Yeah the Graice actually admit that in general too, although they were careful to call the Kodokan Judo that Maeda knew Japanese Jiu Jitsu. At least that Maeda taught them pure JJJ even though JJJ was exstinct practically even when it was at it's most effective and Kodokan Judo had taken over, and Maeda had been learning that for the past ten years or something (which is another reason why it's utterly ridiculous to do JJJ or any art remotely similar or practically identical to it now, at least for reasons of fighting.)

The Gracies even go as far to say in their history that some of the top Kodokan Judo Japanese fighters were actually the top Japanese Jiu Jitsu fighters.

Anyway BJJ is still very good, proven too. Judo is definitely damn good too though - even the pure sport stuff (Kosen or whatever), let alone the true Kodokan stuff. The fact remains that BJJ has it's own style i.e. it's still more ground orientated that even Kodakan Judo, and probably uses the guard much more. It's quite possibly even the "new" Kodokan Judo if you will.




Edited by - Blad3 on October 12 2003 08:21:26

Gezere
10/12/2003 9:24am,
>At least that Maeda taught them pure JJJ even though JJJ was exstinct practically even when it was at it's most effective and Kodokan Judo had taken over, and Maeda had been learning that for the past ten years or something (which is another reason why it's utterly ridiculous to do JJJ or any art remotely similar or practically identical to it now, at least for reasons of fighting.)


Actually Maeda went to Kano to finish is JJ training. Maeda and Kano had trained the same ryuha, Tenshin Shin'yo, but Maeda was only a novice. Kano thought it would be better for him to learn his Judo (there was another art that was called JUDO the predates Kano by about 300yrs)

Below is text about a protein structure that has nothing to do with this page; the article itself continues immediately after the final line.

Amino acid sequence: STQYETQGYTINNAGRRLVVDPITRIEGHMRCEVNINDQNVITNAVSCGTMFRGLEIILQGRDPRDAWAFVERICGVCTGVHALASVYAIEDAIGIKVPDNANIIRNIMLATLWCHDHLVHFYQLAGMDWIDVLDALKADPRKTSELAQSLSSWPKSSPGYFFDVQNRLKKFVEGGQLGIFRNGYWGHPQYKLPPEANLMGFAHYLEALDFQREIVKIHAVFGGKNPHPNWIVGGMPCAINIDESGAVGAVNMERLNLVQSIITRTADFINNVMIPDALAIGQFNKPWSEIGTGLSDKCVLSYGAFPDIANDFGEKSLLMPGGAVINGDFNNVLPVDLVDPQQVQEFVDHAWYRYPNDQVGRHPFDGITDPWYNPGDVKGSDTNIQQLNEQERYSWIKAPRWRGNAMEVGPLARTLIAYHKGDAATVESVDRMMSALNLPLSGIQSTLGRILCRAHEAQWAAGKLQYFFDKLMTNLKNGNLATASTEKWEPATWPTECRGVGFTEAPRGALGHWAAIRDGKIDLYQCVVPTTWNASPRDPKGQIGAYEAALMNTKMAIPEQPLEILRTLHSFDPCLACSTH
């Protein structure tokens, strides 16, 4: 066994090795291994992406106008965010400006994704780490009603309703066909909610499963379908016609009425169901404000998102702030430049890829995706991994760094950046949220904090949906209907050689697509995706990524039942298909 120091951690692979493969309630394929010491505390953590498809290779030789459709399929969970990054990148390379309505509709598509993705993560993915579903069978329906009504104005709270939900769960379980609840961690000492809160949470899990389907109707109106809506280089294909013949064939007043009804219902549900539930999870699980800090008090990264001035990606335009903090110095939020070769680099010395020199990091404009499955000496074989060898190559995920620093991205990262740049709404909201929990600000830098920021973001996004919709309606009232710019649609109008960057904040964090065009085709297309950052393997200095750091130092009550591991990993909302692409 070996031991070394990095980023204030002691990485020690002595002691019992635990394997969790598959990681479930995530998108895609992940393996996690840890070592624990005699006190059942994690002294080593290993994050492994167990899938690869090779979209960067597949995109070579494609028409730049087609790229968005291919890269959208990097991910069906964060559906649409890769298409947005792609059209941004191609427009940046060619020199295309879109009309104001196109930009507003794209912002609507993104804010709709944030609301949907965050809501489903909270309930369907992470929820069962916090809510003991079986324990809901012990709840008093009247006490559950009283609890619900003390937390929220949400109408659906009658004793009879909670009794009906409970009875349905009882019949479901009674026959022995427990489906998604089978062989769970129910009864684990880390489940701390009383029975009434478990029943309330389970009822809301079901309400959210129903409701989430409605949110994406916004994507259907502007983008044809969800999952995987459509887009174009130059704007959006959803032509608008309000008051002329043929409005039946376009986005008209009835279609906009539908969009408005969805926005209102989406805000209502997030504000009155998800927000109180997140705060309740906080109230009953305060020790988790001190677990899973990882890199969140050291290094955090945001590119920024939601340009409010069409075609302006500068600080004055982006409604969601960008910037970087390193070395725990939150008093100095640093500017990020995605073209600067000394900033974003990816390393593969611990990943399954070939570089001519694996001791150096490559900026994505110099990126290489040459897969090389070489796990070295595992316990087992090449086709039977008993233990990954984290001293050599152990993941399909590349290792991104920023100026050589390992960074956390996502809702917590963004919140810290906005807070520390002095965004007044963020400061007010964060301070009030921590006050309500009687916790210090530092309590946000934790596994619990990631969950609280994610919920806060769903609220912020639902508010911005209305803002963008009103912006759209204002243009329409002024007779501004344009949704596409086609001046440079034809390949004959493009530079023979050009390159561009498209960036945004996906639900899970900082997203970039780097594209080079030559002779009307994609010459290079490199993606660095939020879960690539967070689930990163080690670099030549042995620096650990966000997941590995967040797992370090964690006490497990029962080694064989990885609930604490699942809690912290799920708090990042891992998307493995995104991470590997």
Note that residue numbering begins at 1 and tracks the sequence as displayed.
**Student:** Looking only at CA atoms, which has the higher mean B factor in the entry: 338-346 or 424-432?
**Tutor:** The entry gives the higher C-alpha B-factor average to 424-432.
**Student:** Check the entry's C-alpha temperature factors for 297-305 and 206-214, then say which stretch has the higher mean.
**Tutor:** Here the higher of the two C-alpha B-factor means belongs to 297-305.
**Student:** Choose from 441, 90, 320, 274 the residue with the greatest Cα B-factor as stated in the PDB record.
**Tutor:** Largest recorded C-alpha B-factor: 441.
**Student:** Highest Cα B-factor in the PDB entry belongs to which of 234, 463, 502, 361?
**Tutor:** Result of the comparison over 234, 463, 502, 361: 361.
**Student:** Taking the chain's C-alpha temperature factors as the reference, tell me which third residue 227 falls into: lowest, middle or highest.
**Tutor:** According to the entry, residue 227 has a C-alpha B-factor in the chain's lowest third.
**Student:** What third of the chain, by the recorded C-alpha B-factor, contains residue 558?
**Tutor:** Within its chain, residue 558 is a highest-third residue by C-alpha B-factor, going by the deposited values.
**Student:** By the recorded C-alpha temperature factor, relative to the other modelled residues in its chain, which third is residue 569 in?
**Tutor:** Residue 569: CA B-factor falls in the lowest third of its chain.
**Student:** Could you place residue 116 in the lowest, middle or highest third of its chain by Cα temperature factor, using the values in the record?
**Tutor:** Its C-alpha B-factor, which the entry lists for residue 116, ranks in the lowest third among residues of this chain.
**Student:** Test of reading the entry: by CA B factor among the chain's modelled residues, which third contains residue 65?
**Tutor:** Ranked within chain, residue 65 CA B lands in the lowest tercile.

>The Gracies even go as far to say in their history that some of the top Kodokan Judo Japanese fighters were actually the top Japanese Jiu Jitsu fighters.

That is true. That is why alot of pple cried foul at the early shiai's between JJ and Judo. They say Kano stacke the deck in his favor.

Beneath Contempt
10/12/2003 1:38pm,
"Stacking the deck" in your favour is a tactic in martial arts competitions (sporting or NHB) that has probably been around for a thousand or more years, and will probably be around for a thousand more.

Kano was nobody's fool, and it doesn't surprise me that he filled his ranks with the best fighters of the time for the early shiai and the Tokyo Met Police shiai. On the other hand, its pretty well documented that those guys went to him. Everyone wants to be on the winning team.

Greese
10/12/2003 5:22pm,
Stacking the deck in your favor...something else the Gracies stole from Judo (see UFC).

elipson
10/12/2003 5:40pm,
(which is another reason why it's utterly ridiculous to do JJJ or any art remotely similar or practically identical to it now, at least for reasons of fighting.)
Blade, you are an arrogant idiot.